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David Van Heel

A new year, a revived heart

David (left) and Baron Van Heel are grateful for the life-saving care David received after suffering cardiac arrest on Jan. 1, 2014.CentraCare Health – Melrose hailed the New Year in a big way. Before the sun rose on Jan. 1, 2014, hospital staff snatched Grey Eagle native David Van Heel, 67, from the grips of prolonged cardiac arrest.

Baron Van Heel, 21, raced his dad to the hospital in Melrose citing chest pains. After an EKG indicated a heart attack, staff initiated STEMI-SC, CentraCare Heart & Vascular Center’s rapid transfer program. One phone call to the STEMI-SC number triggers a step-by-step protocol that results in prompt transfer of heart attack victims to one of four cardiac catheterization laboratories at St. Cloud Hospital.

“They were calling the cath lab when suddenly Dad just fell over backward, and his face went white. And he ... well, he died then,” Baron said. “I screamed for help, and the nurses came running in and started CPR immediately, put oxygen on him, used the defibrillator a few times, everything.”

After 35 minutes of manual compressions, Certified Nurse Practitioner Sheila Wing approached Baron with a disconcerting prognosis. She said the chances of a comeback were slim, and even then, severe brain damage was nearly certain.

“I just told them to keep trying. If there’s any chance at all, don’t stop,” Baron said. “I was not ready to be without a dad. I don’t want to knowwhat it’s like without him anytime soon.”

When the helicopter arrived, the medical team hooked David to the LUCAS™ 2 Chest Compression System, which pumps blood into the brain and heart more efficiently than manual compressions. After another 19 minutes of compressions, David’s heart resumed the fight.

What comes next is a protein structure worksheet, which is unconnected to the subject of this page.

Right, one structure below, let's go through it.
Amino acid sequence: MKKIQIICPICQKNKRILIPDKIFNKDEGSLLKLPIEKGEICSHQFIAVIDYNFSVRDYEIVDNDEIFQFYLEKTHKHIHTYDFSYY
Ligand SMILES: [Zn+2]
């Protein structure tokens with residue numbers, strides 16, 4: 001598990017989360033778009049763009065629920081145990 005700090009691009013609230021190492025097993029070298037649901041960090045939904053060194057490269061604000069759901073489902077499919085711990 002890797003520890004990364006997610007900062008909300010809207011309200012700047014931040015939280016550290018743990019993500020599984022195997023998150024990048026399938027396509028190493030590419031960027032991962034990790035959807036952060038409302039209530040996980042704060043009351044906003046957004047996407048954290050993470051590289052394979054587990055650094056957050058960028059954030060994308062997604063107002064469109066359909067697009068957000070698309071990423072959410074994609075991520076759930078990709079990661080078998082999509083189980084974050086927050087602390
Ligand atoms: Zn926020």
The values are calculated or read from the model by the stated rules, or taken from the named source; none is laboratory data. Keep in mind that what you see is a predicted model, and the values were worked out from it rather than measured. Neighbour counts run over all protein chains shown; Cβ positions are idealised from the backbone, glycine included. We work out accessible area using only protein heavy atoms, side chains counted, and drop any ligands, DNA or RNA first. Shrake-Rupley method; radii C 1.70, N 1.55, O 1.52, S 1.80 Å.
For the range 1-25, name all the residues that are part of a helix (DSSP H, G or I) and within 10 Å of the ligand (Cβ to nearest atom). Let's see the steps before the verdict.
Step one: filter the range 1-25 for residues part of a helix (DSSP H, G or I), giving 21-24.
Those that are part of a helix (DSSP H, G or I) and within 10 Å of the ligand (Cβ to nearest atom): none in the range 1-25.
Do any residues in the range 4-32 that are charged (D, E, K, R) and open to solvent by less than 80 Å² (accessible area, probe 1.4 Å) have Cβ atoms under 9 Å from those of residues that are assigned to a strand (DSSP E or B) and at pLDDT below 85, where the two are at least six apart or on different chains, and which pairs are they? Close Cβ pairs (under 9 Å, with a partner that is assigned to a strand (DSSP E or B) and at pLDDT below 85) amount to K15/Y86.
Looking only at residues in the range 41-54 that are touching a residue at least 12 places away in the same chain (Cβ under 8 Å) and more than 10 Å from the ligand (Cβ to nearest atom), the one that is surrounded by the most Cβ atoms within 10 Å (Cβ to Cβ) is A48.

Patient Stories

Read other stories of patient's courage and their care at CentraCare Heart & Vascular Center at St. Cloud Hospital.

Moments later, the Life Link helicopter was bound for St. Cloud Hospital. Upon arrival, a 100 percent artery blockage prompted Cardiologist Bernard Erickson, MD, to insert a single stent — not far from the two that were inserted 13 years prior. David is a four-time heart attack survivor.

David was moved to the Cardiac Care Unit where he was put into a medically induced coma to preserve brain function. Staff then administered therapeutic hypothermia, cooling David’s body to 92.3 degrees for 24 hours and rewarming him over a 12-hour period.

Few patients make a complete recovery after more than 30 minutes of unconsciousness, but David’s heart, brain and kidneys sustained no apparent damage — an exceptionally rare outcome.

Since its beginning in 2004, more than 3,000 patients from 25 hospitals within 100 miles of St. Cloud have benefited STEMI-SC. The program’s success rate for opening arteries exceeds99  percent.

“The quicker we diagnose, stabilize, transport and open arteries, the more heart muscle and lives we can save,” said Cardiologist Richard Aplin, MD, STEMI-SC medical director at the CentraCare Heart & Vascular Center. “I’m proud of the dedication shown by everyone involved. Staff devote their lives to this program, being on call 24 hours a day, every day, including weekends and holidays.”

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